View of the Child: Capable and Independent

When I started reading about Montessori and implementing some of the basic principles I was excited but also a little overwhelmed. There was just so much information out there. I wasn’t sure where to begin. As I read more and understood more, I began to realise that fundamentally Montessori was about my mindset, how I viewed my children. Montessori is a wonderfully inspiring child-raising and educational philosophy. It covers everything from early infancy right through to adulthood. Some activities and methods are quintessentially Montessori but Montessori is so much more than activities on a tray. It is an entire holistic approach to living. One of the things I like most about Montessori is it is so adaptable to the individual needs of the child and the family. You can take all of it or just some of it.

So if you are just starting out, here’s a few questions you could ask yourself:

  • Do I view my children as complete and capable?
  • Do I respect them as self-motivated learners?
  • Do I see them as individual in their development and their interests?
  • Do I trust that, given time and freedom, they will each go through their own sensitive periods for learning at their own pace? That, my responsibility is to observe and offer experiences to foster this growing interest?
  • Amongst our family members, do we model appropriate behaviour, courtesy, compassion, respect?
  • In our home, do I recognise their innate need to learn and to grow?
  • Does our house support their developing need for independence?
  • Does it allow them as much freedom to move around as possible?
  • Do they have access to everything they will need in order to complete tasks themselves?
  • Are the toys and materials readily accessible to the children so they have the freedom to choose what interests them?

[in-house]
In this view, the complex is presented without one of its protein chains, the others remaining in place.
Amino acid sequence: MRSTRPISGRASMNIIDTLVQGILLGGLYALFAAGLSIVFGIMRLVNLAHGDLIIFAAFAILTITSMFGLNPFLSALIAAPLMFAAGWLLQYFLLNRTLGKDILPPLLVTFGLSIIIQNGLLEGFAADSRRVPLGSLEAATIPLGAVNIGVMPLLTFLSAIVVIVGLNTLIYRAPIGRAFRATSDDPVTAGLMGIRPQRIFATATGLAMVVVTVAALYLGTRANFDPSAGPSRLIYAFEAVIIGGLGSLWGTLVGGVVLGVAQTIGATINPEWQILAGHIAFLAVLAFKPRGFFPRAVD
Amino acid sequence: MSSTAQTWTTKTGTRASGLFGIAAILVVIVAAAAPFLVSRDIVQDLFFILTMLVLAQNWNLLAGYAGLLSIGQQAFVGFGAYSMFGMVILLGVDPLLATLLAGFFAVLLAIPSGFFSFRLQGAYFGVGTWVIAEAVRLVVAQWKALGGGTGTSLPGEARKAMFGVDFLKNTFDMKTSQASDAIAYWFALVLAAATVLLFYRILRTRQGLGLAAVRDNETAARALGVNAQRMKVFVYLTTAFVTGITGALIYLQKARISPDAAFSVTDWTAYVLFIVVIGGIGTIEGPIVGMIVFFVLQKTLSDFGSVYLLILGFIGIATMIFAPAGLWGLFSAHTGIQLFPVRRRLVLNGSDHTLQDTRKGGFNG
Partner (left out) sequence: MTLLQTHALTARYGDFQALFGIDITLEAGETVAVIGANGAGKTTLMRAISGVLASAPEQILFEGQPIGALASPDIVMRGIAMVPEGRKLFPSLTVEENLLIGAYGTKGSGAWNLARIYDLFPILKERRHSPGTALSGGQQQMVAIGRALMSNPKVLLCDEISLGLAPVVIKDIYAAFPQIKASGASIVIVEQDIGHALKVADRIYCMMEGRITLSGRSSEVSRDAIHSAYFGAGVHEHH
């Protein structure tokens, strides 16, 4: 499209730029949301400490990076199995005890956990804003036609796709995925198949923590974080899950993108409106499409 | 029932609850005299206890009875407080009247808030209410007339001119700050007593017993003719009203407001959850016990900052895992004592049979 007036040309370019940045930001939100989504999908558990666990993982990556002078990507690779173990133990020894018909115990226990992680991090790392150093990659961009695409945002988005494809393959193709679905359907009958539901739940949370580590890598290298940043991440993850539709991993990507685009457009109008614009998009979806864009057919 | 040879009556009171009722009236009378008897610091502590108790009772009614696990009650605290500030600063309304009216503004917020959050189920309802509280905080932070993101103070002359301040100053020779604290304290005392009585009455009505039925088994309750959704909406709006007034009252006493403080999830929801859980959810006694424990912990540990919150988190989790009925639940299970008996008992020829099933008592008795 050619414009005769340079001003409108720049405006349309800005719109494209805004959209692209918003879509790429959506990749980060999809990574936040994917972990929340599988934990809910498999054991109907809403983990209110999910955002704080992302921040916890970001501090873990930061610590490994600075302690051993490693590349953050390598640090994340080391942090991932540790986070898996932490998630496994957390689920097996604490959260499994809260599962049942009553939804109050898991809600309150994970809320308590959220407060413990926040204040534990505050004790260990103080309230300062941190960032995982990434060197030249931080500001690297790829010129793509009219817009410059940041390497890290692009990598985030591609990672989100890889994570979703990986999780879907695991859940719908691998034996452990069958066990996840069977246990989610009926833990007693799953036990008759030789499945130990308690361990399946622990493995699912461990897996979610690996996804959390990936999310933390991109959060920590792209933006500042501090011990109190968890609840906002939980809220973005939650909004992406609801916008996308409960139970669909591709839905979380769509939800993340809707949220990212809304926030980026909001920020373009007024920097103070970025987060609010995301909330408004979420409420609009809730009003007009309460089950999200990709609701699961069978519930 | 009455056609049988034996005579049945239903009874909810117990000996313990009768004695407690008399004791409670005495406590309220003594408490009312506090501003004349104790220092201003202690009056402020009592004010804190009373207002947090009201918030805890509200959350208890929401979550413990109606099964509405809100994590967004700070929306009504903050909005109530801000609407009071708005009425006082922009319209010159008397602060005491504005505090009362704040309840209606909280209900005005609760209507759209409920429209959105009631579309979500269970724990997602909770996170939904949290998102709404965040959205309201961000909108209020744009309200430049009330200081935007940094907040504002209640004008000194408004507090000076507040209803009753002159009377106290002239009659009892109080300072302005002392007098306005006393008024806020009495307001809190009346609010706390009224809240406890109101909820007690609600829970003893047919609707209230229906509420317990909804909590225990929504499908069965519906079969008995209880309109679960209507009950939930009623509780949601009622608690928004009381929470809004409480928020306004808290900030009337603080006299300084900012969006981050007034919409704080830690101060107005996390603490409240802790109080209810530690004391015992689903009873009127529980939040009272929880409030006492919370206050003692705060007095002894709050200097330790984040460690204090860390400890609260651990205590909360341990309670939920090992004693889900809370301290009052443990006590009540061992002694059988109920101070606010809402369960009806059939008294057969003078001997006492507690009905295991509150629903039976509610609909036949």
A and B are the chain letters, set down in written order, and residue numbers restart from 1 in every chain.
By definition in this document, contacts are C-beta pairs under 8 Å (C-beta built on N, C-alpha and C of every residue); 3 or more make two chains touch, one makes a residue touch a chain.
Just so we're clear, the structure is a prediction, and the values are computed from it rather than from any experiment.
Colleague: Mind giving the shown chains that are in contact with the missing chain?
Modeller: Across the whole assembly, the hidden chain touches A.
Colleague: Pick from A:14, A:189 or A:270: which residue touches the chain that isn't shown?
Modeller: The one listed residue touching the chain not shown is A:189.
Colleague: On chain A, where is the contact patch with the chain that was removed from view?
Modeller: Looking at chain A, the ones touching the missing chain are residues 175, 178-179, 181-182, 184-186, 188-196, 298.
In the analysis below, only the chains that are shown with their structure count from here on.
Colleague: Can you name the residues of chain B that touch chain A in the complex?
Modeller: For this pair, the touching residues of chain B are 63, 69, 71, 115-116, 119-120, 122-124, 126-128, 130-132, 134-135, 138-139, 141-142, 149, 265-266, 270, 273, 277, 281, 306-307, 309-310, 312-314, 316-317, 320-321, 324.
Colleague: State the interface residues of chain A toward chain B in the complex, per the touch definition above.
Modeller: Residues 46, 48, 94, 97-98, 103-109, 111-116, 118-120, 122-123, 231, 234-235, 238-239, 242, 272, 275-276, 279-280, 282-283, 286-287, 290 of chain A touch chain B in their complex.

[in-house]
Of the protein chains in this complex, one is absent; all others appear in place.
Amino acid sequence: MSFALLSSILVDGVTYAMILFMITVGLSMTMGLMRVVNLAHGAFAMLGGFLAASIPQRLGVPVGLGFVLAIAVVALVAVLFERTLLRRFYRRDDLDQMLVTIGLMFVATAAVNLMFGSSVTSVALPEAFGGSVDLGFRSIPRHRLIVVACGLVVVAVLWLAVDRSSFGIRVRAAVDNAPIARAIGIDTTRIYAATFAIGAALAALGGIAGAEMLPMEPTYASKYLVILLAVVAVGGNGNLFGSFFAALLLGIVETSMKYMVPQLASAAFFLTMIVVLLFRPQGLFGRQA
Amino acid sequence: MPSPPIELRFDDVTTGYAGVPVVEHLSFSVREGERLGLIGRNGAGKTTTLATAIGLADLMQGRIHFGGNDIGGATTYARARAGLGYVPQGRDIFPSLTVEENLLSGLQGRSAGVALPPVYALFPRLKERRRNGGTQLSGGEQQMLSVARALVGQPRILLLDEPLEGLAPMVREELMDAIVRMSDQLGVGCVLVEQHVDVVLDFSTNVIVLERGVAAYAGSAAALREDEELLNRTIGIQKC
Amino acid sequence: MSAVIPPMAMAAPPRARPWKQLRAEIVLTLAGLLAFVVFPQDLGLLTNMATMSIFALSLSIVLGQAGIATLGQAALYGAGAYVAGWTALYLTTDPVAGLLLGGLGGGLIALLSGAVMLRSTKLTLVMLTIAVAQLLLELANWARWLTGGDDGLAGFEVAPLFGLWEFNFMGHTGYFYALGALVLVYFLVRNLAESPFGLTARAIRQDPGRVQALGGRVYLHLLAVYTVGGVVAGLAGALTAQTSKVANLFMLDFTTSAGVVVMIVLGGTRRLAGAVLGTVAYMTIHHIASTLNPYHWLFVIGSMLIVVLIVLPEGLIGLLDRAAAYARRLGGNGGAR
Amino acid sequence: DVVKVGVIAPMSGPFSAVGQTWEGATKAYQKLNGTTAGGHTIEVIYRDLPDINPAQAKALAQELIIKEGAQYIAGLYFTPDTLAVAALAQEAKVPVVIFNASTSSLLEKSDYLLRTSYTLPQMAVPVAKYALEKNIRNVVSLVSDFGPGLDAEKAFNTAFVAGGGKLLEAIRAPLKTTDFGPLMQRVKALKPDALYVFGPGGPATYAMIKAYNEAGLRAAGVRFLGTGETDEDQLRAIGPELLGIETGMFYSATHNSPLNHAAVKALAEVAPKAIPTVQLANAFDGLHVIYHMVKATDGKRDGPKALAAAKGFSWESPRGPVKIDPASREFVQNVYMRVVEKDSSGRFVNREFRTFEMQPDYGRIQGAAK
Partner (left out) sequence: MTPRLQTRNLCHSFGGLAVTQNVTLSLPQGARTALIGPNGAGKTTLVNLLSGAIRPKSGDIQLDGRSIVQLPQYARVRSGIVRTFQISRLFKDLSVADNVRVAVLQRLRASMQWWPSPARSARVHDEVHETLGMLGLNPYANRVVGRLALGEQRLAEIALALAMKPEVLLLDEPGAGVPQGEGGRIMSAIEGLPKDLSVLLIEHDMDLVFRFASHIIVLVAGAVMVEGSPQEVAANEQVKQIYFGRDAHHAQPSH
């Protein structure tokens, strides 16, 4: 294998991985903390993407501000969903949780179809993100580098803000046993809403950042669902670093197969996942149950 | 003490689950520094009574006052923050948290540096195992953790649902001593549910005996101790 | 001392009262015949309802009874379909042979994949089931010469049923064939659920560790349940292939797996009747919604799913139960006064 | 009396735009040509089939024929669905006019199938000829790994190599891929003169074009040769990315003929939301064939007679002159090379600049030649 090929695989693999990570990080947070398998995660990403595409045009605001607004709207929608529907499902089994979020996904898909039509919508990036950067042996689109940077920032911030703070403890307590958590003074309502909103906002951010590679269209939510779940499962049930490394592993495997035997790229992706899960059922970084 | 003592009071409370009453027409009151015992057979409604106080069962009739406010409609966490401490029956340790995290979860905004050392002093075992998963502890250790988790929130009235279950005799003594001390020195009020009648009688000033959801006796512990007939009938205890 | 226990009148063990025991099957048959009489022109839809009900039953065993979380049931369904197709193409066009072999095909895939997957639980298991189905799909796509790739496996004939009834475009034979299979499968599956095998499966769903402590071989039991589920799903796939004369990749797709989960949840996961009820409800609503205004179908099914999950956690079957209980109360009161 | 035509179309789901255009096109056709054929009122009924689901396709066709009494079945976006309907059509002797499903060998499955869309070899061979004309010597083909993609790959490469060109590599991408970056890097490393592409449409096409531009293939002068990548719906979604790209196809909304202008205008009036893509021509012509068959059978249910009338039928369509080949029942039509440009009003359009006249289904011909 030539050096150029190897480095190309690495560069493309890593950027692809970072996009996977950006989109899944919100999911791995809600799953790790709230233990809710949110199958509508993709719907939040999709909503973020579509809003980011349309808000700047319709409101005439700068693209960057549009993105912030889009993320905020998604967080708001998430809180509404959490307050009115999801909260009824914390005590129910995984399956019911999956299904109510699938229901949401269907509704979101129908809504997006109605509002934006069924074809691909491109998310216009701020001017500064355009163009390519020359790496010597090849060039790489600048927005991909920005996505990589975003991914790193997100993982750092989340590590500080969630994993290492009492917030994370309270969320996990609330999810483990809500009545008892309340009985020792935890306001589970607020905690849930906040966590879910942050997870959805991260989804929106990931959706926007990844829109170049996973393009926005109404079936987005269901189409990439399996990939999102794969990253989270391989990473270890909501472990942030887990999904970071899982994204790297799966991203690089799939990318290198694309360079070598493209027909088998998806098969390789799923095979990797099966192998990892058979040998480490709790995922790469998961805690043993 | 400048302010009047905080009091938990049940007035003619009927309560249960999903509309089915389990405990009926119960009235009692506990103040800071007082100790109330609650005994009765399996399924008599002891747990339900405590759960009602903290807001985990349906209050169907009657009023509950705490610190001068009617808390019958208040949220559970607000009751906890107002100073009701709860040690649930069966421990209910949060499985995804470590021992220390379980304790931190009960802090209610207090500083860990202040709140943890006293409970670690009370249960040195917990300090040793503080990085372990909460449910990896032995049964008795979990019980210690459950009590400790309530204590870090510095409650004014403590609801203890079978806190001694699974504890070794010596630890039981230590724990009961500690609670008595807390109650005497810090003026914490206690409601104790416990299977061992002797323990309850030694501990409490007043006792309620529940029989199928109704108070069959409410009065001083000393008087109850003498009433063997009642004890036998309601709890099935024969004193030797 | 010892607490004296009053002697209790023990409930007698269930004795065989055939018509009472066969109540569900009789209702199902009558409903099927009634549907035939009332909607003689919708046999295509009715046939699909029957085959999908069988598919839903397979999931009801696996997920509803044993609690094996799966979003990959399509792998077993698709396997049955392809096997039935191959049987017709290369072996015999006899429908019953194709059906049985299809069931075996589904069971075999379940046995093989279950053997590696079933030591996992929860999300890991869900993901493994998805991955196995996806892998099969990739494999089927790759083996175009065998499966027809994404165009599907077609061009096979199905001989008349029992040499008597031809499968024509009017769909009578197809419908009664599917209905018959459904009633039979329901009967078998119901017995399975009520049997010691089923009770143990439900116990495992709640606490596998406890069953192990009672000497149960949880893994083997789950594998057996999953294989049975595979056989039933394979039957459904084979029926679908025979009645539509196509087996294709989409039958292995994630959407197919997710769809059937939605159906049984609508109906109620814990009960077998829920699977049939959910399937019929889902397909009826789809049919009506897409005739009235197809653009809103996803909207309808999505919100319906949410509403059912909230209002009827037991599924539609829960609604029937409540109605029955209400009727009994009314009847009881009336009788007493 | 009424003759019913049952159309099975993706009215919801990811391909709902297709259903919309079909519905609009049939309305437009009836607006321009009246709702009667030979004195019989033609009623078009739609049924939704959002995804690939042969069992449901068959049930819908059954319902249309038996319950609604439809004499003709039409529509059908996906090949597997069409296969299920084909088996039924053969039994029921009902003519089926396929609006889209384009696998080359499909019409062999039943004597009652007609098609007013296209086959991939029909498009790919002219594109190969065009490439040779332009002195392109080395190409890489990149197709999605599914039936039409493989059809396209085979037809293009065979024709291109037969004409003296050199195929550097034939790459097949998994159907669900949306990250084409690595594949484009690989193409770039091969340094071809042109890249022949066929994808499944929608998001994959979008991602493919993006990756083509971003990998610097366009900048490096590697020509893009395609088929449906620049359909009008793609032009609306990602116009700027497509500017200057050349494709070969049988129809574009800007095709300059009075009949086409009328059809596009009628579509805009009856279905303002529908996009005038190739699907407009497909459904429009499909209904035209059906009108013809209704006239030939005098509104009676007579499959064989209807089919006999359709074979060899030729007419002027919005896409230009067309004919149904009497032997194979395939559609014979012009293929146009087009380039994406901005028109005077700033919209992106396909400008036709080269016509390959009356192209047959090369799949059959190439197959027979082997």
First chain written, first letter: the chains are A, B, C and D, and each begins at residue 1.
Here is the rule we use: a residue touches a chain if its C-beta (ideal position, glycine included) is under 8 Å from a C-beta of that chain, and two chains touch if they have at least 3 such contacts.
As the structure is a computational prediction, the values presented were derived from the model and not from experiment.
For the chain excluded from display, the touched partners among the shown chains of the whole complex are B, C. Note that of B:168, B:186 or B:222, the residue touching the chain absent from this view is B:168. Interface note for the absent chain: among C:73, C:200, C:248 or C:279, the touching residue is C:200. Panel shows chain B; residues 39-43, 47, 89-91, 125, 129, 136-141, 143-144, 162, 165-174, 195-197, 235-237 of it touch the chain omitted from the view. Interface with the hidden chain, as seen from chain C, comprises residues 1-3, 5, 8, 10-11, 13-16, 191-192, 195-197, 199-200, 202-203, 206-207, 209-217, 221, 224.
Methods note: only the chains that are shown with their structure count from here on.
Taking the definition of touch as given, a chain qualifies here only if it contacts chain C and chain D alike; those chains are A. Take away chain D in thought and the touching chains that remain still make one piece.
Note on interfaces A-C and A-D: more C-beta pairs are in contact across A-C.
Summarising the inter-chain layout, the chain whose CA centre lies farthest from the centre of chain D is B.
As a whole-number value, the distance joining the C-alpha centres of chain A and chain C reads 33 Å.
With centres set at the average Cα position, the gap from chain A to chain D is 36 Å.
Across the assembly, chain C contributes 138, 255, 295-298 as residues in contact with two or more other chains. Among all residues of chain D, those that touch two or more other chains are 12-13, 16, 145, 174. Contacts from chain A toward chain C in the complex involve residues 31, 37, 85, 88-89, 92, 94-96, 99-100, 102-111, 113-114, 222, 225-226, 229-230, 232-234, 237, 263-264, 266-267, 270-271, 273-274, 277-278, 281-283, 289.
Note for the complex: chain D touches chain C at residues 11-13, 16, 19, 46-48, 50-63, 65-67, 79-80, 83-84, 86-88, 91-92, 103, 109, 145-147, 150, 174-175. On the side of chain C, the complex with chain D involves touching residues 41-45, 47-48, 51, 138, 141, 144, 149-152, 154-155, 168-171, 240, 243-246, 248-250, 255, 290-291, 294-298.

• Do they then have the opportunity to play without interruption?
  • Do the toys and materials appeal to their current interests? Challenge them?
  • Is their environment ordered and aesthetically pleasing, catering to their sensitive sensory development?
  • Are their days ordered and predictable? Do they have a rhythm to their days?
  • Am I teaching them to respect their belongings?
  • Do they regularly spend time outside? Am I encouraging a connection with nature? Do they have the freedom to explore?
  • Do I give them regular opportunities to participate in real tasks; gardening, cooking, cleaning, taking care of pets?

My biggest tip is to try to involve your children in small ways everyday. In this way you can help them move towards greater independence; taking on bigger tasks and more responsibility.

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[NEXT PAGE] Setting up your Home: Kitchen

2 thoughts on “View of the Child: Capable and Independent

  1. Thanks for sharing and summarized this in simple questions.. This makes me more practical way how to inspire Montessori to the house

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